, steadily improved throughout his collegiate tenure to become a mainstay of the Tiger defense. From serving primarily as a special teams contributor during his freshman and sophomore seasons to developing into one the ACC’s top lockdown corners as a junior and senior, Tankersley was arguably the X-factor of the Tigers’ vaunted defenses of the past two seasons.
Coming off of a brilliant senior campaign, Tankersley is now preparing to make the transition to the NFL. Currently slated by most draft pundits as a late-first to early-second round prospect, Tankersley gradually ascended draft boards as an upperclassman by continuing to produce quality performance after quality performance.
Perhaps the best pass-disruptor in this year’s defensive back class, Tankersley made a name for himself at Clemson primarily through his plays on the ball. It is no accident that he led the Tigers in pass deflections each of his two seasons as a starter, batting down 11 total both of those years. At 6-1 and 200 pounds, Tankersley boasts the ideal combination of speed and strength that is befitting of an NFL cornerback, much like his knack for finding the ball in the air.
With nine interceptions over the course of the 2015 and 2016 seasons, Tankersley proved to be one of the ACC’s leading ball hawks in that span of time. Furthermore, his propensity for producing game-changing plays in the clutch is what ultimately led him to twice being named to the All-ACC team.
True to form, Tankersley’s defining performance at Clemson occurred in a pressure-packed situation that was similar to what the defensive back can expect to regularly be a part of life in the NFL. Under the bright lights at the ACC Championship Game last December, Tankersley contained future NFL wideout Isaiah Ford of Virginia Tech like few college corners could and corralled two interceptions in the process, including a game-sealing pick that put an end to a late Hokies comeback.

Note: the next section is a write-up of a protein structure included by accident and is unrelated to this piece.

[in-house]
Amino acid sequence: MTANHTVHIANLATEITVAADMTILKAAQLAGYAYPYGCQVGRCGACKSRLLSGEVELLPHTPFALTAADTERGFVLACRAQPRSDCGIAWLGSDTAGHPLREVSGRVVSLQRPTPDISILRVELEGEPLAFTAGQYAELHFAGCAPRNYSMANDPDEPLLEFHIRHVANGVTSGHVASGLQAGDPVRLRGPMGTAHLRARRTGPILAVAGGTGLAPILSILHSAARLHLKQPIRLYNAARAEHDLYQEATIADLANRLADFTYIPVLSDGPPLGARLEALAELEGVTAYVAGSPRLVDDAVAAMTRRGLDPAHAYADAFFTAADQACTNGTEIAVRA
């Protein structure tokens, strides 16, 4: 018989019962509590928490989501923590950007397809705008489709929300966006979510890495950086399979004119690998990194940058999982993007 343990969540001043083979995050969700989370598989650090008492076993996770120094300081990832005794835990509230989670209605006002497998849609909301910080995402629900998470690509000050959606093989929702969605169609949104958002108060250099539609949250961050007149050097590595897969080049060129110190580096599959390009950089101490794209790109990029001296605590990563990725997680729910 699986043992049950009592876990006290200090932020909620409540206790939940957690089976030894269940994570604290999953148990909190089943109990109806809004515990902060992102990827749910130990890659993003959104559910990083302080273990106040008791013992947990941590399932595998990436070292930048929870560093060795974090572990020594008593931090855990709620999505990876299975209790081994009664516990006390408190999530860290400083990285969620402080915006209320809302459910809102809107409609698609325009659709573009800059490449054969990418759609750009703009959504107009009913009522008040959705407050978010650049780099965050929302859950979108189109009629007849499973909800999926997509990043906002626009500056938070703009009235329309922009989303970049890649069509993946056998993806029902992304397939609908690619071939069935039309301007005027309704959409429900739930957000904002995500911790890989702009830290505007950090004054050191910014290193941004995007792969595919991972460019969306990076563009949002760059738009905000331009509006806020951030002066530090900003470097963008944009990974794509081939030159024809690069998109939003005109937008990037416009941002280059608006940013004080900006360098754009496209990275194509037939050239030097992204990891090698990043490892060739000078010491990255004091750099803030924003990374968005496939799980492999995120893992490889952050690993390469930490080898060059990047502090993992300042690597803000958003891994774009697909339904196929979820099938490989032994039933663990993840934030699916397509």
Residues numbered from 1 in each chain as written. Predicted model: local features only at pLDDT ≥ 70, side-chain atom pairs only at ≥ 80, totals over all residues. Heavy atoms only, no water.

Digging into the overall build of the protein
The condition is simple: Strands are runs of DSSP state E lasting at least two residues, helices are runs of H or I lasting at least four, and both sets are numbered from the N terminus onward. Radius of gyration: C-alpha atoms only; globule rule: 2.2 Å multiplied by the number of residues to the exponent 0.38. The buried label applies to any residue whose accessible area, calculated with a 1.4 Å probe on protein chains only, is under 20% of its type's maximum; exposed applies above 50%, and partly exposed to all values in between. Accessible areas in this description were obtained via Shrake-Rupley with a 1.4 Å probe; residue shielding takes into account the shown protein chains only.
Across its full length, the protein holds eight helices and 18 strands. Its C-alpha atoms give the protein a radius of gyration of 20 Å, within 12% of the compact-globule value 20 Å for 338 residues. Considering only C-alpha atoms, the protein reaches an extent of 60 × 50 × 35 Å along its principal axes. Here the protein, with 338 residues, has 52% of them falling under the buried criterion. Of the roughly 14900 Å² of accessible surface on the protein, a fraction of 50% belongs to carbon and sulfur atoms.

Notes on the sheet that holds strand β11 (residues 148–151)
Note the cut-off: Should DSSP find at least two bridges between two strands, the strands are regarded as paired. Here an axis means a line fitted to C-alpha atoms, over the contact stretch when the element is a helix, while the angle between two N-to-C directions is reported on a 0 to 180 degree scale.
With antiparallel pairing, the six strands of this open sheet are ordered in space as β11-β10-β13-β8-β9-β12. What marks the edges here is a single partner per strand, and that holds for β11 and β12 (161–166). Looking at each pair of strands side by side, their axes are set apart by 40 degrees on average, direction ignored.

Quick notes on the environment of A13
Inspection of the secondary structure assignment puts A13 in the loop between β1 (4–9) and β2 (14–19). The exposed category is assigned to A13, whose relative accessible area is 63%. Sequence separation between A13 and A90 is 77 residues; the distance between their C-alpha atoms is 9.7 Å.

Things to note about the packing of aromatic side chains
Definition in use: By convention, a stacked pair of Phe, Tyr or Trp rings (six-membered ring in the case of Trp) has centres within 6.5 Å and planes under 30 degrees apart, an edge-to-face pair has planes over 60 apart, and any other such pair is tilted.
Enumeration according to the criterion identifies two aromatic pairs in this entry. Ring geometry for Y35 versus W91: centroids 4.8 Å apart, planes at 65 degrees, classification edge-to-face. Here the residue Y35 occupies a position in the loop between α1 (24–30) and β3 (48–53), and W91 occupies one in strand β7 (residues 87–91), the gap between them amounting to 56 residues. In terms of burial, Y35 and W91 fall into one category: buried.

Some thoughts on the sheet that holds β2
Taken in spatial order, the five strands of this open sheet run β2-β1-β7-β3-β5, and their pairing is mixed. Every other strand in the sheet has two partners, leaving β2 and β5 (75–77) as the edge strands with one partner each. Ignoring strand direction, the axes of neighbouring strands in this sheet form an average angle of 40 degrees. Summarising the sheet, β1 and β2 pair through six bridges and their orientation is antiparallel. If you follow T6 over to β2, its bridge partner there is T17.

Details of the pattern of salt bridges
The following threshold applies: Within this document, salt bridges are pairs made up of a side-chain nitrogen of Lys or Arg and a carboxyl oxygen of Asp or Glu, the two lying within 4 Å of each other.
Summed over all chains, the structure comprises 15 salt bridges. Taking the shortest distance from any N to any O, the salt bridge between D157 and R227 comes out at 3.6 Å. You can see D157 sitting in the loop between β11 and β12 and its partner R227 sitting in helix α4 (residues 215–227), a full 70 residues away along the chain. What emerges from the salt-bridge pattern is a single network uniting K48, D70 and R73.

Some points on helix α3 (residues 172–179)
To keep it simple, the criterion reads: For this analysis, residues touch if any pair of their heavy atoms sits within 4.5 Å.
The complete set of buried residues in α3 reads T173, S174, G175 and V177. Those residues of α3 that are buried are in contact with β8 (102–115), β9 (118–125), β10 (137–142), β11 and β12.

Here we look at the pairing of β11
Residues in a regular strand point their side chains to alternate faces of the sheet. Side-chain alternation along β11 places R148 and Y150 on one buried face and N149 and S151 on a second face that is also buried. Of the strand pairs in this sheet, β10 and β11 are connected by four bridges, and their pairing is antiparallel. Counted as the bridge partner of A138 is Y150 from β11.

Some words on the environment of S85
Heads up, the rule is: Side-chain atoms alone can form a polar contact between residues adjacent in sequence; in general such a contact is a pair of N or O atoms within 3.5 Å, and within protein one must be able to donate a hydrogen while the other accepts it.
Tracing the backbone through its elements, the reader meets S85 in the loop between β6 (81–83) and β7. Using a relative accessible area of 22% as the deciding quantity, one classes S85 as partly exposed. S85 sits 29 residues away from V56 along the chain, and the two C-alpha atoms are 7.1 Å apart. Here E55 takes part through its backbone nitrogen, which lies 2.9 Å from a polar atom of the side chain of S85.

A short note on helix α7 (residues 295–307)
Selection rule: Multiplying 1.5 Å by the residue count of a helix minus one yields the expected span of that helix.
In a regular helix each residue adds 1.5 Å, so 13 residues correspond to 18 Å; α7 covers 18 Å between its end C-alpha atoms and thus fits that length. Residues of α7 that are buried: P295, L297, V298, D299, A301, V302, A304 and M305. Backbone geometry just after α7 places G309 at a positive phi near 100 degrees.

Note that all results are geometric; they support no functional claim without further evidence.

Chosen as a First-Team All-American by USA Today, in addition to receiving recognition as semifinalist for the prestigious Jim Thorpe and Chuck Bednarik awards, Tankersley made an impact on a national level as a senior, evincing the full body of work that he had dedicated to the Clemson program. A proficient learner, Tankersley was able to ascend the depth chart as a collegian primarily through his commitment to improving, which drew plenty of praise from the Clemson coaching staff.
Speaking on Tankersley after it was made evident midway through his junior season that he was one of the Tiger defense’s most important players, Clemson defensive coordinator Brent Venables told the media, “His presence and his playmaking ability and how he's come on has really helped the flexibility of what we're doing.”
Tankersley is one of the most purely talented defensive backs in this year’s draft, with his athleticism on full display at the NFL Scouting Combine in early March. He wowed with his speed, agility and aforementioned great hands. He ran a 4.40 40-yard dash, which tied for the fastest among defensive backs standing at 6-1 or taller and was the fifth-fastest time of any defensive back. Tankersley also clocked in with an equally impressive seven-second time in the three-cone drill.
Regardless of his draft position, Tankersley is certainly capable of making an impact from the get-go at the next level. Reminiscent of a young Aqib Talib on the field, his intangibles and lockdown coverage capabilities make him the perfect candidate for any NFL team in need of a cornerback who can provide solid coverage, no matter the matchup. A highly skilled commodity in the secondary, Cordrea Tankersley was a lynchpin of the Clemson defense for the past two seasons and could very well seamlessly transition to the next level with that reputation still intact.